The presenting features of the SPTs are nonspecific. Abdominal pain is the most common symptom followed by a slowly enlarging mass in the upper abdomen. Some patients are completely asymptomatic and the mass is detected either during routine examination or after injury. [5] Patients presenting with icterus due to bile duct obstruction are uncommon and symptoms of intestinal obstruction are very rare. [1] SPT is easily detected as a heterogenous mass by image examinations such as ultrasonography, CT or magnetic resonance imaging (MRI) but the findings are not specific. [1],[5] In addition, clinicians lack knowledge of this rare disease, so misdiagnosis and inappropriate therapy are hard to avoid. Due to these factors, preoperative and operative diagnoses are often inaccurate. The rate of misdiognosis is 45-50%. [6] Sometimes, the origin of the tumor can not be clearly confirmed by an imaging study because it is larger, it envelops the surrounding tissues or it arises at the pancreatico-duodenal groove as in our case. [1] Histologically, SPT is usually encapsulated and is composed of a mixture of cystic, solid and hemorrhagic components. Both a capsule and intramural hemorrhage are important clues to its diagnosis because they are rarely found in other pancreatic neoplasms. [1],[2],[5] The fact that SPTs occur predominantly in young women led to the study of gender hormonal receptors by several authors without any evidence of estrogen receptors in the pathogenesis of the tumor. [5]

As SPT is a low-grade malignant tumor, surgical excision remains the mainstay of treatment. The choice of local tumor resection, resection of part of pancreas or radical resection depends on the judgment of the tumor's boundary. In Japan, 35% of the SPTs originating in the head of the pancreas have been treated with enucleation. [8] Recurrence of SPTs after complete resection has not been reported. About 15% of patients are reported to have liver metastasis, which can be removed operatively without endangering the life of the patients. [1] Radiotherapy has been suggested in cases of unresectable SPTs because they are radiosensitive. [5] In conclusion, SPT should be suspected in young women and girls presenting with epigastric pain. More than 95% of patients with SPT limited to the pancreas are cured by complete surgical excision. SPTs arising from the head of the pancreas can be excised completely without doing pancreaticoduodenectomy as was done in our case and also by others. [8] Operations must be (with particular respect to radical oncology) as conservative as possible because of the relatively low malignancy and the encapsulated form of the neoplasm. [9]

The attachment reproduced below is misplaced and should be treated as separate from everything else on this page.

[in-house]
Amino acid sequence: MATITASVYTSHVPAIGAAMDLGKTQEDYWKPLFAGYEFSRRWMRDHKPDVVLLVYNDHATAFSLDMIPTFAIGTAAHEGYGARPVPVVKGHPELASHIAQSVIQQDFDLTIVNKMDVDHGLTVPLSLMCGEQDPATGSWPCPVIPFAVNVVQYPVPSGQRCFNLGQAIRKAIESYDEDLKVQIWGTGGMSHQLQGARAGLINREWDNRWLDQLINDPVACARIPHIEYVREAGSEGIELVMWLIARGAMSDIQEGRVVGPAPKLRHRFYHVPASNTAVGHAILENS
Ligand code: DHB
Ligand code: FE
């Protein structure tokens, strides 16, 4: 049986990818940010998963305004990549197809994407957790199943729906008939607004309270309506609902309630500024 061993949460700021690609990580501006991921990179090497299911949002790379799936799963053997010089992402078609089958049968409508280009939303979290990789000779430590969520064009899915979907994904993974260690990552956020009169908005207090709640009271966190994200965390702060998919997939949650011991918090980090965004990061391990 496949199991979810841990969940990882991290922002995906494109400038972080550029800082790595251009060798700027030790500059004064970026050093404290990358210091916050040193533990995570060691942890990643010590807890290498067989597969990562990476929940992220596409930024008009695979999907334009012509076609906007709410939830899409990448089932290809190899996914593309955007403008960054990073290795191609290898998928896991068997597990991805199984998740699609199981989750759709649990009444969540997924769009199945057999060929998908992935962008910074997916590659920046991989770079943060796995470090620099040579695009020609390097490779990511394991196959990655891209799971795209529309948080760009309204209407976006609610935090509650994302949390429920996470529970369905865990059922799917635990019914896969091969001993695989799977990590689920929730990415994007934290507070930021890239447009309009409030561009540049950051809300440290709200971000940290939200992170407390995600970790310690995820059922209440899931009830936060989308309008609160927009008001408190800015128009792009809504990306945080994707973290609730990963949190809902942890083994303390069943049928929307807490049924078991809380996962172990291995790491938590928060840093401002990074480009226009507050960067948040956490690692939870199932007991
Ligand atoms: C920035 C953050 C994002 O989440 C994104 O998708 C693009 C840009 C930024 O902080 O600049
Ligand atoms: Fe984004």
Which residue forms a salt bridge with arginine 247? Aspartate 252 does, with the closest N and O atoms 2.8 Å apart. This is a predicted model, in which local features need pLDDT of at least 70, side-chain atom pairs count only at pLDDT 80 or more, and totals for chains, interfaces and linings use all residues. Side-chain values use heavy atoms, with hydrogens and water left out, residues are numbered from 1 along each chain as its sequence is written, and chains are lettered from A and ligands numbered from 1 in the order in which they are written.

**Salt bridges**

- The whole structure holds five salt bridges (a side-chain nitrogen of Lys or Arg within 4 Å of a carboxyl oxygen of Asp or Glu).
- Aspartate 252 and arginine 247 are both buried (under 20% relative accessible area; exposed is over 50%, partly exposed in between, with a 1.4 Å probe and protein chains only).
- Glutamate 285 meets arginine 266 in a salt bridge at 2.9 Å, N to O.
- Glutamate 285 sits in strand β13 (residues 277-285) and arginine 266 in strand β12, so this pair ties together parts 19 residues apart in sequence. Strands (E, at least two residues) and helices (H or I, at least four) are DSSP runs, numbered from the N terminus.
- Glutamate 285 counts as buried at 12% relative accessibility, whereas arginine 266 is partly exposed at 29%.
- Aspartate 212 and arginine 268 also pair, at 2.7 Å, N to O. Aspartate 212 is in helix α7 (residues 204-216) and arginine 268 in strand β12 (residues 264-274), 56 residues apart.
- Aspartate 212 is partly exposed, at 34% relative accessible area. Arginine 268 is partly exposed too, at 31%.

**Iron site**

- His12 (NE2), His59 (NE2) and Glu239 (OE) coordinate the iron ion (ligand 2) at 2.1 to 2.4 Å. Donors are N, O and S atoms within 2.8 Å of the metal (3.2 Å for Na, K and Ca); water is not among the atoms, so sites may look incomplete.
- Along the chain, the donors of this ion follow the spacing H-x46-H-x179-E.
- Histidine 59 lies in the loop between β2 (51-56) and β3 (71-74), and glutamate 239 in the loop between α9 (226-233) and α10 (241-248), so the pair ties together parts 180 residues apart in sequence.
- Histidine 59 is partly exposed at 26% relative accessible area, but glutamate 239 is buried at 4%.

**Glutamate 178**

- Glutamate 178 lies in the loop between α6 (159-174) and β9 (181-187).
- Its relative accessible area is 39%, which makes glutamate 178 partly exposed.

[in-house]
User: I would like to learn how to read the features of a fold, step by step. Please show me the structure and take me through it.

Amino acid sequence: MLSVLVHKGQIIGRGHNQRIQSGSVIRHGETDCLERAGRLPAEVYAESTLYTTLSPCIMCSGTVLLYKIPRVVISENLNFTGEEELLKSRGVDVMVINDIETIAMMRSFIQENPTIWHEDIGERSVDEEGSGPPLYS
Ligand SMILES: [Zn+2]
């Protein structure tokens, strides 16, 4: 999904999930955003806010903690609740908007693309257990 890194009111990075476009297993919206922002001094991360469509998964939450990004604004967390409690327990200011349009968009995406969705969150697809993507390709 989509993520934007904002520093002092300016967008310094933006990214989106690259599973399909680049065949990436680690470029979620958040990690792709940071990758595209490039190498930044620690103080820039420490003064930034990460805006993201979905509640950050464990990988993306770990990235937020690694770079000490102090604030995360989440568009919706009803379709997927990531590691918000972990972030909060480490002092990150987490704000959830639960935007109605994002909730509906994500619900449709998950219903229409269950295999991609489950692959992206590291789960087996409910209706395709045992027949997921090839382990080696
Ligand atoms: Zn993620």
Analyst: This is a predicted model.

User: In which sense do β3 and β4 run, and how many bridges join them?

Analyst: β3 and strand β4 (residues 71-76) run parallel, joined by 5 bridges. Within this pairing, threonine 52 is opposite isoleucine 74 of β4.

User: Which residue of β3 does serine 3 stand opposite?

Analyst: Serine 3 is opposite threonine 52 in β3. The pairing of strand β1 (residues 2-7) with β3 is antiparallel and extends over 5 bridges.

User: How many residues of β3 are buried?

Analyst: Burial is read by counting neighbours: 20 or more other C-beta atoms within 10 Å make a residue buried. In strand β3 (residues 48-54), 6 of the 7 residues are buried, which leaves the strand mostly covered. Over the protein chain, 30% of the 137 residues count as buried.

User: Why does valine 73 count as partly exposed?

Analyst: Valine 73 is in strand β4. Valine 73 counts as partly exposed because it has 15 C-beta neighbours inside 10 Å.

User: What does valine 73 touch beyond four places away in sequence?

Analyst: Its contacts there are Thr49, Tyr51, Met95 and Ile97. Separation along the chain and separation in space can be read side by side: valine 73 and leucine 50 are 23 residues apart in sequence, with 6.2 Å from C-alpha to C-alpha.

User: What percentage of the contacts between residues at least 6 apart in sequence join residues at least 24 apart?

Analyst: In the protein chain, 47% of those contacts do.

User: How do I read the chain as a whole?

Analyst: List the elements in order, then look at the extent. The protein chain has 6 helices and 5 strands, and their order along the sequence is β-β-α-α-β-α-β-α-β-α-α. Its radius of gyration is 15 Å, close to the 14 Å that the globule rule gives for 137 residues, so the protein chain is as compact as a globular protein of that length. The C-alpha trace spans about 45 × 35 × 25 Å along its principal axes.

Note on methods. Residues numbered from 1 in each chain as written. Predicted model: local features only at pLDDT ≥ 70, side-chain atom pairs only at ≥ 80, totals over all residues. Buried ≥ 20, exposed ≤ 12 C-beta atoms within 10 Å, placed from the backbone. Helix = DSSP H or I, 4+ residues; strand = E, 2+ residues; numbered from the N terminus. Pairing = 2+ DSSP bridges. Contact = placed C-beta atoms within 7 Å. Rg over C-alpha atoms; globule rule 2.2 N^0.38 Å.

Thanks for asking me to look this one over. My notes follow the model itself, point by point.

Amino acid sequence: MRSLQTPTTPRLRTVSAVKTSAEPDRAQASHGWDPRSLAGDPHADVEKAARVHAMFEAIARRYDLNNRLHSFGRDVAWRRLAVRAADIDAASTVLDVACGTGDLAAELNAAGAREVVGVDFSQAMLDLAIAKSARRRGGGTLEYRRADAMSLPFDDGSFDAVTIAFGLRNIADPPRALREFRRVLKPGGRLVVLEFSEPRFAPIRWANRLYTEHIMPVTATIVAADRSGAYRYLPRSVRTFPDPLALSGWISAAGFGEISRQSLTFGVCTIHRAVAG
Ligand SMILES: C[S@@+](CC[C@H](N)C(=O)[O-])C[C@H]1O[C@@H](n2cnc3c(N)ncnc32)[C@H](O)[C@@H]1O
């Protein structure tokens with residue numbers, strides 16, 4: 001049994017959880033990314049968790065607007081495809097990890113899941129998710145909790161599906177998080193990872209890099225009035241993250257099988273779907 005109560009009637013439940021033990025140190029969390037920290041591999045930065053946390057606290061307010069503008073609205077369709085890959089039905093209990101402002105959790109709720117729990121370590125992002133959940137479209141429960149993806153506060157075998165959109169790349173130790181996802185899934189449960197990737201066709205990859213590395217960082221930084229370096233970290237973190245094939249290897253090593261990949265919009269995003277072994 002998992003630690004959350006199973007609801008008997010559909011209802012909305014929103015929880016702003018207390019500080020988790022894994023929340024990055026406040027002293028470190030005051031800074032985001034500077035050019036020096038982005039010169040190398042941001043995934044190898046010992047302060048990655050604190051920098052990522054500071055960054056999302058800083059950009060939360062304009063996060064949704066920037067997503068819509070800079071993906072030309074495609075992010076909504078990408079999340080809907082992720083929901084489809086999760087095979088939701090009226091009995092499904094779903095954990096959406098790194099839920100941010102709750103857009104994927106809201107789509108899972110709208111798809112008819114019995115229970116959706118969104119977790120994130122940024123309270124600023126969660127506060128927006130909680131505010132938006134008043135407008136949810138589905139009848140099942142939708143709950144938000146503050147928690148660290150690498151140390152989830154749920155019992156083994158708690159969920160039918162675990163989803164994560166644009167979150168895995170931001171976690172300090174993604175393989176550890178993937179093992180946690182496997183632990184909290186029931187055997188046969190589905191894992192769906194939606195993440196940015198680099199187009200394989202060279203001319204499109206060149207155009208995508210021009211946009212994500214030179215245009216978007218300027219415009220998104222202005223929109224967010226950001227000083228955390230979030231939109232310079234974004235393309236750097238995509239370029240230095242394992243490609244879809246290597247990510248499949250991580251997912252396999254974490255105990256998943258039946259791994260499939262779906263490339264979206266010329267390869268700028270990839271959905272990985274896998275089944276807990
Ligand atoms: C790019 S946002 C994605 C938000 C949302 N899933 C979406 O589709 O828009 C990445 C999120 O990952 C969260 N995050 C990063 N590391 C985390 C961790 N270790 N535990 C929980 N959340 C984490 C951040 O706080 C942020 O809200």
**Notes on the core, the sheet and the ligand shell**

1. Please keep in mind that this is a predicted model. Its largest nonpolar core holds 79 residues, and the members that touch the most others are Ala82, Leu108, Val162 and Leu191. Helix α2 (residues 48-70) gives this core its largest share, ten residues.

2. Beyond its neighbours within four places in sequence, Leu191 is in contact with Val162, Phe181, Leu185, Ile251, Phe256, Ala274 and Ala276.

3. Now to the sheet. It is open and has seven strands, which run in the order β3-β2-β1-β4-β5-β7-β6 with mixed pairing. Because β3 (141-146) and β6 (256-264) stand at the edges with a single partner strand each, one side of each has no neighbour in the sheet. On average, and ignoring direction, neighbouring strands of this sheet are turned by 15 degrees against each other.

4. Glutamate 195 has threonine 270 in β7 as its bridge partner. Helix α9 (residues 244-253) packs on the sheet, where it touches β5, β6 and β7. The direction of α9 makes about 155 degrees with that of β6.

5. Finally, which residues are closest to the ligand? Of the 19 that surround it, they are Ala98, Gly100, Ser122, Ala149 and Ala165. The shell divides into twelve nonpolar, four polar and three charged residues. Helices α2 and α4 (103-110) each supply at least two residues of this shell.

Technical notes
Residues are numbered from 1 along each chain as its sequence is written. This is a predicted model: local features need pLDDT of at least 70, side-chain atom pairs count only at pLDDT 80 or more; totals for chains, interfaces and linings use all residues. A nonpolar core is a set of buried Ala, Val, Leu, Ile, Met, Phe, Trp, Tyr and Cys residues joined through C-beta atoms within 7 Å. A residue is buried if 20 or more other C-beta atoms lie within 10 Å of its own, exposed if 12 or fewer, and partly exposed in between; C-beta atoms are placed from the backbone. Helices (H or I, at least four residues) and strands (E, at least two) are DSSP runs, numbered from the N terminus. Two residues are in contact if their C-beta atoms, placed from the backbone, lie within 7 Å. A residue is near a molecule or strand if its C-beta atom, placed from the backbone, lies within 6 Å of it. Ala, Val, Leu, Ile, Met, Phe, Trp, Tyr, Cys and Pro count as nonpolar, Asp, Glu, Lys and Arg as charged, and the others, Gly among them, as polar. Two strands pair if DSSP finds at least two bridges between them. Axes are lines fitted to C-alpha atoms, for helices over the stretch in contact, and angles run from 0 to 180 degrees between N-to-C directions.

Acknowledgement Top


We are thankful to the Dean, Fr Muller Medical College and Hospital for allowing us to publish this paper.

 
   References Top

1.Chen X, Zhou GW, Zhou HJ, Peng CH, Li HW. Diagnosis and treatment of pseudopapillary tumors of the pancreas. Hepatobiliary Pancreat Dis Int 2005;4:456-9.  Back to cited text no. 1  [PUBMED]  [FULLTEXT]
2.Kloppel G, Solcia E, Longnecker DS, et al . Histological typing of tumors of the exocrine pancreas. 2 nd ed. (WHO international histological classification of tumors). Springer: Berlin, Heidelberg, New York; 1996.  Back to cited text no. 2    
3.Solcia E, Capella C, Kloppel G. Tumors of the pancreas. In : Atlas of the tumor pathology, fascicle 2. Armed Forces Institute of Pathology: Bethesda, Maryland; p. 29-30.  Back to cited text no. 3    
4.Frantz VK. Tumors of the pancreas. In : Atlas of tumor pathology. Armed Forces Institute of Pathology: Washington DC; 1959. p. 32-3.  Back to cited text no. 4    
5.Papavramidis T, Papavramidis S. Solid pseudopapillary tumors of the pancreas: review of 718 patients reported in English literature. J Am Coll Surg 2005;2:965-72.  Back to cited text no. 5    
6.Jaksic T, Yaman M, Thorner P, Wesson DK, Filler RM, Shandling B. A 20-year review of pediatric pancreatic tumors. J Pediatr Surg 1992;27:1315-7.  Back to cited text no. 6    
7.Grosfeld JL, Vane DW, Rescorla FJ, McGuire W, West KW. Pancreatic tumors in childhood: Analysis of 13 cases. J Pediatr Surg 1990;25:1057-62.  Back to cited text no. 7    
8.Akiyama H, Ono K, Takano M, Sumida K, Ikuta K, Miyamoto O. Solid-pseudopapillary tumor of the pancreatic head causing marked distal atrophy: A tumor originated posterior to the main pancreatic duct. Int J Gastrointest Cancer 2002;32:47-52.  Back to cited text no. 8    
9.Nadler EP, Novikov A, Landzberg BR, Pochapin MB, Centeno B, Fahey TJ, et al . The use of endoscopic ultrasound in the diagnosis of solid pseudopapillary tumors of the pancreas in children. J Pediatr Surg 2002;37:1370-3.  Back to cited text no. 9    


    Figures

  [Figure - 1]


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    Abstract
    Introduction
    Case Report
    Discussion
    Acknowledgement
    References
    Article Figures